The phrase has come to mean “happy, content and satisfied.”
So if you think you are as happy as a clam, here’s what I want to know …
Why would you want to be likened to a clam?
They are ugly and just sit there like lumps.
How does anyone know that clams are happy?
Do they smile? Laugh? Why exactly do people think clams are happy? They get eaten by both seagulls and people, that wouldn’t make ME happy!
According to my old biology textbook, clams don’t have a brain. They can’t think. My extrapolation is that if they can’t think what do they have to be happy about?
What Does “Happy As A Clam” MEAN?
According to the smart people at knowyourphrase.com
“There’s two versions of this phrase. The full version is “as happy as a clam at high tide [or water],” and then there’s the shorter version “as happy as a clam.”
Why, though, would a clam would be “happy” in the first place? Well, the reason for that is actually highlighted in the full version of this expression.
Basically, clams are most vulnerable when the tides are low because that’s the time when people can easily dig them up out of the ground. In higher waters, however, clams are far more difficult to find and dig up. Hence, a clam is “happiest” during a high tide, or high waters, because it means they are less likely to be caught and eaten!”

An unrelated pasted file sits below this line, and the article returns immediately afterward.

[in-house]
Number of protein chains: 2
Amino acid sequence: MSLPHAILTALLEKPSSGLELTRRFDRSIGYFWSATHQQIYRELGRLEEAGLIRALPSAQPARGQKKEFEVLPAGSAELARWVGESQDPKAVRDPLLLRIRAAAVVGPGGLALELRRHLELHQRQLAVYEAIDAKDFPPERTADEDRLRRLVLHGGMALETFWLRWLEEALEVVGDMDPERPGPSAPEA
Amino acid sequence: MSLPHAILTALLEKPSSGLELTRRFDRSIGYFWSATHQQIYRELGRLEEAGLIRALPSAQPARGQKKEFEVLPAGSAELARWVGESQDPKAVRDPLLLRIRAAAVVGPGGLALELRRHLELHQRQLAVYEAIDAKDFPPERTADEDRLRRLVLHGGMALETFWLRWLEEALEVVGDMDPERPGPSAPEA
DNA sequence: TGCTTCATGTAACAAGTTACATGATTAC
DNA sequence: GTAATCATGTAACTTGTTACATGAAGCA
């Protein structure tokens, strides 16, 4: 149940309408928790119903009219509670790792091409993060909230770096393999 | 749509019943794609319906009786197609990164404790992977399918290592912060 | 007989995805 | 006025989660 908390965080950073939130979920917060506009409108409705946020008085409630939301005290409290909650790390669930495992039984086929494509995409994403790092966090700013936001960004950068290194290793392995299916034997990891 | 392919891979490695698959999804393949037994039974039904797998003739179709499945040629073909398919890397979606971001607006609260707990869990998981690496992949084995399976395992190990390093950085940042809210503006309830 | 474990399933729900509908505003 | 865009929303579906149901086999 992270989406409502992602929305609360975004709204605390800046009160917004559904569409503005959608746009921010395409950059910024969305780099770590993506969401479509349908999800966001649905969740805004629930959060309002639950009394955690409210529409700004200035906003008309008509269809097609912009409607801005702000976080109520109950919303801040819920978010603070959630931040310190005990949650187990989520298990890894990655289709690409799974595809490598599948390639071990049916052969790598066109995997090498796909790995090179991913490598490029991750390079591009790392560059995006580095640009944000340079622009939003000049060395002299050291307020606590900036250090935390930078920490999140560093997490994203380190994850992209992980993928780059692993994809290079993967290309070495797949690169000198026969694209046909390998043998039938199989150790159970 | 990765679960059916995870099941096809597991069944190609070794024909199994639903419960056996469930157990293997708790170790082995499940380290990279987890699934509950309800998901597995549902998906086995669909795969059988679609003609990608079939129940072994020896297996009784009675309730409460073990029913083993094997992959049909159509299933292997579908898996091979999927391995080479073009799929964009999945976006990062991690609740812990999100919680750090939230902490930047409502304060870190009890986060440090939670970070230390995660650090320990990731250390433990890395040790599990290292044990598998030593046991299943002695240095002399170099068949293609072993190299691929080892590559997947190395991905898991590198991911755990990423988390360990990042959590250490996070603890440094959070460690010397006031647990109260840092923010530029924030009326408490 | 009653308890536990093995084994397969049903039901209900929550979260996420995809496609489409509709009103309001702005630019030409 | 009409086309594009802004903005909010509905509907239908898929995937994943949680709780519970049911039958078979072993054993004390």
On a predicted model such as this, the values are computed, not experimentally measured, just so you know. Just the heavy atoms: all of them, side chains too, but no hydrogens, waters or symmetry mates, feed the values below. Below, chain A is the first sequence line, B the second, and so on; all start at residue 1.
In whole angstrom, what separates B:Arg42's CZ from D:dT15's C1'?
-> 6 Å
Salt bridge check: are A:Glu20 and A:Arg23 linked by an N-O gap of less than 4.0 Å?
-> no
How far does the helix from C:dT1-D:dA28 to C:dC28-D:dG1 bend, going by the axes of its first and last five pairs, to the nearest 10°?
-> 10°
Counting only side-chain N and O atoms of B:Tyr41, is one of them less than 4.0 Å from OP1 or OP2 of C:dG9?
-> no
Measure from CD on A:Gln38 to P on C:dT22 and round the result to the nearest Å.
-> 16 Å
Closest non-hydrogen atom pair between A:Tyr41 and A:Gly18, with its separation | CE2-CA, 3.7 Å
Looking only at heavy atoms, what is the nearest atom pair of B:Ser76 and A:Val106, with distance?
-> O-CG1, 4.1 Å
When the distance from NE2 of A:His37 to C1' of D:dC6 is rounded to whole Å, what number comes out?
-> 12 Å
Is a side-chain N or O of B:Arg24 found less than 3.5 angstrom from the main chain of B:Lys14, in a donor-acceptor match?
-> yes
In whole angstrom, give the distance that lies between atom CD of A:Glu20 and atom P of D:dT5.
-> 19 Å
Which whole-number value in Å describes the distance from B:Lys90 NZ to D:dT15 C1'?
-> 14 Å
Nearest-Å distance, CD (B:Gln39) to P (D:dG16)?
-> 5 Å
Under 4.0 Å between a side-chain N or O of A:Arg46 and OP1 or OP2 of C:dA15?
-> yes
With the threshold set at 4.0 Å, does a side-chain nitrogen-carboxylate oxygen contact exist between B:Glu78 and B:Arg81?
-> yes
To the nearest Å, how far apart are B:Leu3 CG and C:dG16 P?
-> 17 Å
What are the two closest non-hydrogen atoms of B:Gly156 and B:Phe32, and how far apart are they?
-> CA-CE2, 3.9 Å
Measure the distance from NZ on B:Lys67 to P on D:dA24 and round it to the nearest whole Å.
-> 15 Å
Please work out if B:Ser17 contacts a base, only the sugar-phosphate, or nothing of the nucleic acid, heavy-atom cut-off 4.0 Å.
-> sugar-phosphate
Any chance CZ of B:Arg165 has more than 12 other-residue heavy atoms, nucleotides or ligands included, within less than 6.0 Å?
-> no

YEP, I am sure the clam knows all of this, and is therefore happy for about 12 hours out of 24.
No one knows exactly who came up with this phrase, but they seem quite certain it originated on the east coast of the United States (where clams were abundant) in the 1830s.
In 1840 poet John G. Saxe wrote …
An Ode To A Clam
“Inglorious friend! most confident I am
Thy life is one of very little ease;
Albeit men mock thee with their similes,
And prate of being ‘happy as a clam!’ “
And then in 1941 this was found in the Bangor Daily Whig And Courier
“Your correspondent has given an interesting, and, undoubtedly correct explanation of the expression: ‘As happy as a clam at high water.’ His pursuits must be anything but Clam-berous, if we may judge from his knowledge of the nature and habit of this interesting little fish.”
OK, what I understand from the quote above, is that “your correspondent” knew nothing about biology, because even I know a clam is NOT a fish.
As happy as a clam was officially claimed as an American idiom in 1848 when it was included in Bartlett’s Dictionary of Americanisms. (bloomsbury-international.com)
To sum it up …
The phrase means you are … duh … happy.
It is American and originated on the east coast where clams were plentiful
It first appeared in print in the early 1840’s
It officially was claimed as an American idiom in 1848 by Bartlett’s Dictionary of Americanisms.
My five year old brain would have concluded:
If you are as happy as a clam, it means no one wants to eat you for dinner, you are ugly as sin and have no brains.
Being happier than a pig in shit now seems like a major upgrade to me!
Leave a Reply